In Roswell , The Truth Is Out There


Roswell, New Mexico, is where it all began. UFOs, little green men, Mulder, Scully, the whole shebang. Most likely, it was also the beginning of conspiracy theories, the wide-spread public belief in government cover-ups and that modern day malaise of never believing anything we’re told, especially if it’s by authority figures.

I’d been on a road trip through the south-western United States, driving from Las Vegas (the quaint and historic New Mexico town rather than its better-known neon-and-nihilism namesake) and had stopped off in Fort Sumner to visit the grave of Billy The Kid. The next stage of the trip was on to Roswell before heading to El Paso, Texas, to spend Thanksgiving.

It was late November and the weather was clear although there was little warmth from the sun and the nights were freezing cold. I’d passed by the site north of town where the “reputed” crash of a UFO and the recovery of the bodies of its alien inhabitants by the US military had occurred back in 1947. I’d paid little attention to the black helicopters that seemed to track my progress or the bulky dark SUVs that were always in my rear vision mirror.

I reached the city limits of Roswell and that’s when things really started getting weird. If there had never been an “alleged” UFO crash, there would be no tourism industry to speak of but Roswell embraces visitors of all kinds, even little green ones.

There are UFOs and aliens everywhere you turn in this town. The Walmart has them, the many fast food franchises, including Arby’s, Denny’s KFC and Chilli’s have them in profusion. There are galaxies of gift shops and nebula of T-shirts, shot glasses, ashtrays, beer coasters and snow globes. Everything you need to fit out an intergalactic space-age bachelor pad or the rumpus room of the Millennium Falcon.

The official City of Roswell website buzzes with spaceships and alien life forms, only a few of which are elected officials. Each July, there’s a UFO Festival that includes an Alien Battle Of The Bands and an Alien Wine Festival, although it should be noted that consuming alcohol while travelling at warp speed is not recommended. Long-suppressed reports of the 1947 UFO crash state that numerous empty beer bottles along with salsa and Doritos were found in the spaceship.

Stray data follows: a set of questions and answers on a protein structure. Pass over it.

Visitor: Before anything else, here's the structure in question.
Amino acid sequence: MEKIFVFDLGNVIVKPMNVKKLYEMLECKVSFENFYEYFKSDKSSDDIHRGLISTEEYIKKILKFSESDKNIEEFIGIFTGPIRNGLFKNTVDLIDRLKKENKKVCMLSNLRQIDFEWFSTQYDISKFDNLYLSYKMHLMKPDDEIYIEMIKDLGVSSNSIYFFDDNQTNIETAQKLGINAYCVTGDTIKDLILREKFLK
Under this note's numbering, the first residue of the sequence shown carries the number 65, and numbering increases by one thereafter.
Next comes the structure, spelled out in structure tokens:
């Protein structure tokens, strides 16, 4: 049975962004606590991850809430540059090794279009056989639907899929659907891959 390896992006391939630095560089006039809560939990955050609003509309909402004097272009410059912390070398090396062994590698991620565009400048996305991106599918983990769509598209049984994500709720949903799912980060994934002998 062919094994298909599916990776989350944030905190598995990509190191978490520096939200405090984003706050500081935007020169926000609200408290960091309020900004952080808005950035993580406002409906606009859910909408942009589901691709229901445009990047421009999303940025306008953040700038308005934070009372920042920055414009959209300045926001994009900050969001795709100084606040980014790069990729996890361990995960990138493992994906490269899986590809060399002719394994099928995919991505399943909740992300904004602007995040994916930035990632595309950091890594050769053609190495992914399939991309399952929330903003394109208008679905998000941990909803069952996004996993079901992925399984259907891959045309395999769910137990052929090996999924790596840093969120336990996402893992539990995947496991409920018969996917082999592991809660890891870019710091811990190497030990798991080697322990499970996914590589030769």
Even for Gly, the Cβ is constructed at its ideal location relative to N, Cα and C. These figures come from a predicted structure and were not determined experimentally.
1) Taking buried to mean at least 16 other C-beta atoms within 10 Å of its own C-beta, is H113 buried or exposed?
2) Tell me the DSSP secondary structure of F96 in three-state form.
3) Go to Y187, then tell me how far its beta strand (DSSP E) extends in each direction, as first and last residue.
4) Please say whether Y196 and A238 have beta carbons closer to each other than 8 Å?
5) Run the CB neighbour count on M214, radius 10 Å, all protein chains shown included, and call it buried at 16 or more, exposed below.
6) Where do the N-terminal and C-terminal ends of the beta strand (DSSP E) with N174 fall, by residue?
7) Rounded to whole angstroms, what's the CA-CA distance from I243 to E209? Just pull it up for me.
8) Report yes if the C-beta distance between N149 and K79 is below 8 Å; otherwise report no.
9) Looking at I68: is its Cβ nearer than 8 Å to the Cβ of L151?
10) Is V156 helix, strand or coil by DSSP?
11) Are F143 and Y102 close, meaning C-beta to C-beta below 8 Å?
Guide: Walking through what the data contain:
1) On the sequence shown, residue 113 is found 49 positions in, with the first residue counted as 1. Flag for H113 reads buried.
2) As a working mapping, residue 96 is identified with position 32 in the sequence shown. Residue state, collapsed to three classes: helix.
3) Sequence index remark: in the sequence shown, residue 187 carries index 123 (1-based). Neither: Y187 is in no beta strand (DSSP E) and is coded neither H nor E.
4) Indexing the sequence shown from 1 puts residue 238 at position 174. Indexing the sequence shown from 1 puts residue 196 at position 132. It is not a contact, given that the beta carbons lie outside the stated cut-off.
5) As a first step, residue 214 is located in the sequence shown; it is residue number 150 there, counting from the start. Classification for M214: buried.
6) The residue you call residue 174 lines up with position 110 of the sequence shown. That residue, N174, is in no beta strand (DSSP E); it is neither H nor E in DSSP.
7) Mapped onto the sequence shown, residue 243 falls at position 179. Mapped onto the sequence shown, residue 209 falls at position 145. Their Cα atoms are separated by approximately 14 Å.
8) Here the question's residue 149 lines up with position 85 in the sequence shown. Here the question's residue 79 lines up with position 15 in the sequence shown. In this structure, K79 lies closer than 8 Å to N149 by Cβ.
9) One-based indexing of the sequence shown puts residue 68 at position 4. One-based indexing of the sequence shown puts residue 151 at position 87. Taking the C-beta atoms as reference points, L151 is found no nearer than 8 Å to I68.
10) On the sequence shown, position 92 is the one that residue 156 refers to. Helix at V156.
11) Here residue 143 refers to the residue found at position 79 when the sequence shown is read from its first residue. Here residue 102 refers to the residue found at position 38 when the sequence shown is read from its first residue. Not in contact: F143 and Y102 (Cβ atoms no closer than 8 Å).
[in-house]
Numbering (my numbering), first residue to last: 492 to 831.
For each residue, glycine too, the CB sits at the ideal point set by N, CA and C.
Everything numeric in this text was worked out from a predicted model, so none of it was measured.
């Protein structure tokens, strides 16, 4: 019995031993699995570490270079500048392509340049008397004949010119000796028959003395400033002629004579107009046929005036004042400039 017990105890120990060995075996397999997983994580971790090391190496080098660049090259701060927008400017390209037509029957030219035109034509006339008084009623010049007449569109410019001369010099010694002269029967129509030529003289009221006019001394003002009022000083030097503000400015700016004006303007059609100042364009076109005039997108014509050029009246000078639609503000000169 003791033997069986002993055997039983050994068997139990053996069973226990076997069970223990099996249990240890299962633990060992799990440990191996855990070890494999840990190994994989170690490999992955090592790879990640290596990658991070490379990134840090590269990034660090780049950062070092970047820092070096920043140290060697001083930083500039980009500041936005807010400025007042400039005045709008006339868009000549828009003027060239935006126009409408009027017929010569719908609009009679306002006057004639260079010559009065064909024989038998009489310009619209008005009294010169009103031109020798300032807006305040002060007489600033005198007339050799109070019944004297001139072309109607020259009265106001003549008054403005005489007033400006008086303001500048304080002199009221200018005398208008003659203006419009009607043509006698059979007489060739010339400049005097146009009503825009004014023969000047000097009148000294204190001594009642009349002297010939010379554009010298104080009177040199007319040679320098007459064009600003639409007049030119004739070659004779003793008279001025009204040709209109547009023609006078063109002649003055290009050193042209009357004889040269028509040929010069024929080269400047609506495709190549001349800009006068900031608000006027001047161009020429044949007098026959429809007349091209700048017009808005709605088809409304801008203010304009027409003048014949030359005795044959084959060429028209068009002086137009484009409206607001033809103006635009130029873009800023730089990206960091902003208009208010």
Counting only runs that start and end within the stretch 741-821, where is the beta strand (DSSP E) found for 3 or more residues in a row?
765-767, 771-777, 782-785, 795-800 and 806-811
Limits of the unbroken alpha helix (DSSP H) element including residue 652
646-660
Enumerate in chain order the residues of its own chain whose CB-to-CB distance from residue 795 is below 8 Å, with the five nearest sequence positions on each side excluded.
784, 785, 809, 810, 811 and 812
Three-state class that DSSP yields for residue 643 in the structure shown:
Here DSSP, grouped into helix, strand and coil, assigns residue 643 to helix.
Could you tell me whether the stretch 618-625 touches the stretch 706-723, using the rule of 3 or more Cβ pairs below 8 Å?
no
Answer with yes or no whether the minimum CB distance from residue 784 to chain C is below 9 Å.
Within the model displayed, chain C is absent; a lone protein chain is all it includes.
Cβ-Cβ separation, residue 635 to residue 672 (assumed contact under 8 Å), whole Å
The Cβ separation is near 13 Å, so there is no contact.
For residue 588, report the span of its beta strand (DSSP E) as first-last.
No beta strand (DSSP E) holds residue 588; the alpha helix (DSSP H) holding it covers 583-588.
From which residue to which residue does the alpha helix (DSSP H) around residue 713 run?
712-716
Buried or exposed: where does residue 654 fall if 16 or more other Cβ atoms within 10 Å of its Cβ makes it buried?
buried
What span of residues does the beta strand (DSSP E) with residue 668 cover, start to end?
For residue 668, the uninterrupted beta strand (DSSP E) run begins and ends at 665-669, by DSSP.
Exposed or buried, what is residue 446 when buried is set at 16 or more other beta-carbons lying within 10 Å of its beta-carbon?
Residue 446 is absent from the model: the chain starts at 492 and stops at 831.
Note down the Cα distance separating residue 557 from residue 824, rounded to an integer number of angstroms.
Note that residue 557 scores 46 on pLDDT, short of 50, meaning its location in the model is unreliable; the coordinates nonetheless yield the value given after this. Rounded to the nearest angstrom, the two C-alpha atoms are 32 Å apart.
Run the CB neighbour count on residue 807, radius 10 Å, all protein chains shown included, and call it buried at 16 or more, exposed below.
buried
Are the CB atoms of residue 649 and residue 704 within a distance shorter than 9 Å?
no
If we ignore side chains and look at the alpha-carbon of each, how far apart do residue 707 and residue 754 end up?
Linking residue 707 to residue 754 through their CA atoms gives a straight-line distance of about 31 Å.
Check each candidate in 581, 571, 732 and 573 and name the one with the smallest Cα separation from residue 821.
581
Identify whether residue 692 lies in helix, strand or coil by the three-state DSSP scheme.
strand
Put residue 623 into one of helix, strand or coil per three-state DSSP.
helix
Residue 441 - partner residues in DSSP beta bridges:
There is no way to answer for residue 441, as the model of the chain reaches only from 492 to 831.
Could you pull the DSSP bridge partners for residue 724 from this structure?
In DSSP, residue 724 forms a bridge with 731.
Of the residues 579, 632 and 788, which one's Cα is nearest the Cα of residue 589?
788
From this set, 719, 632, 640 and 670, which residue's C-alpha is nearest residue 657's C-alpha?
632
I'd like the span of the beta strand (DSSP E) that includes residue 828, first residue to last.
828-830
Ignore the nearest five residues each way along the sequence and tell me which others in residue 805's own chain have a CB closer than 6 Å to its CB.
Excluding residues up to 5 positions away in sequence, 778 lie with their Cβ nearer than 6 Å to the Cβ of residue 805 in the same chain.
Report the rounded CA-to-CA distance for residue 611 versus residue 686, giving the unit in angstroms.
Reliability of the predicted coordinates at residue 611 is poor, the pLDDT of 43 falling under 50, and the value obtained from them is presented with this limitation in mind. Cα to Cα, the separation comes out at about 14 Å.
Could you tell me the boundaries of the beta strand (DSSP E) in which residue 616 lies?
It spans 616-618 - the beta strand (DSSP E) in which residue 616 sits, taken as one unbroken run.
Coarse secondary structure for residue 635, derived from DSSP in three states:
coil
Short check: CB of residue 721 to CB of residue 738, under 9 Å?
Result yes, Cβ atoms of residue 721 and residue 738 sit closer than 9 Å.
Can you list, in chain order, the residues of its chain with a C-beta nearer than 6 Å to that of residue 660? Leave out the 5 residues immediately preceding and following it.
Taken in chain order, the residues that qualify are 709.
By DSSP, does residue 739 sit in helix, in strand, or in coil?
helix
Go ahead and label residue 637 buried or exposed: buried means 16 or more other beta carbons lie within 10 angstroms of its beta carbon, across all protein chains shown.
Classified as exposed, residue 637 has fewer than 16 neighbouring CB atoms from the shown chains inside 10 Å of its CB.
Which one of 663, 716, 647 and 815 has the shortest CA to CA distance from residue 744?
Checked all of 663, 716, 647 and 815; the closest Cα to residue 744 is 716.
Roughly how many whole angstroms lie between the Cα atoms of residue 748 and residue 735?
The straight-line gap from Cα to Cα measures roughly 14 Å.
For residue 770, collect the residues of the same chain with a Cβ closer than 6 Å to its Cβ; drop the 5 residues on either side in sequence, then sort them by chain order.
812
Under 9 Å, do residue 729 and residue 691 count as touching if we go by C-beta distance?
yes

Ground zero for tourists to Roswell is the International UFO Museum and Research Centre on Main Street. Dioramas and displays carefully explain the area’s history and little green men abound. Strangely, many look exactly as they do on the Sci-Fi Channel.

In the gift store, I uncovered another disturbing link between Roswell and world history. The slim volume written by Donald R. Burleson is titled UFOs and the Murder of Marilyn Monroe (Black Mesa Press, 2003). Trying to be as inconspicuous as possible, I made the purchase and brought it back to the Hampton Inn and Suites.

On check-in, I’d asked the receptionist whether she’s seen anything other-worldly lately. It seemed to strike a nerve. She looked evasive for a moment, as if she knew everything she said was being recorded and beamed straight back to Area 51. Then she nodded and grimaced wearily. “Just my boyfriend,” she muttered in a low voice.

I read Burleson’s book from cover to cover that night. His central theory was that Marilyn Monroe had been briefed by John F. Kennedy about Roswell, crashed UFOs, alien autopsies and the subsequent political cover-up. She was murdered days before holding a press conference during which she intended telling the world of her discoveries.

Interestingly, Burleson had also published studies of H.P. Lovecraft which opens the possibility that Marilyn Monroe was killed not by the Mafia or the CIA but by Cthulhu itself.

I fell into a deep and undisturbed sleep while a harsh wind whipped the grassy plains outside. In the morning, I found I had no recollection of the previous few hours. I was feeling spooked and knew I had to get out of town. I barely had time for the free breakfast buffet although it was fair to say the blueberry muffins were out of this world.

The black helicopters followed me all the way to the city limits, then turned west. The spy satellites, I’m sure, are tracking me still.

Words and photos © David Latta

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Author: davidlatta

David Latta is an award-winning editor, journalist and photographer. His work has appeared in scores of Australian and international newspapers and magazines including The Sydney Morning Herald, The Australian, The Australian Financial Review, The Courier-Mail and Travel & Leisure. During the last two decades, he has largely concentrated on travel and tourism, editing more than a dozen B2B titles and major conference and incentive travel publications. He is the author of critically-acclaimed books on such subjects as architecture and design, Australian history, literary criticism and music. These titles include Lost Glories: A Memorial To Forgotten Australian Buildings, Sand On The Gumshoe: A Century Of Australian Crime Writing, and Australian Country Music. He is currently working on a book about the nightclub scene in 1970s Sydney as well as a sprawling thriller set in Sydney during World War II. As an arts commentator, humourist and trend-spotter, his opinions are sought across the gamat of traditional and social media.

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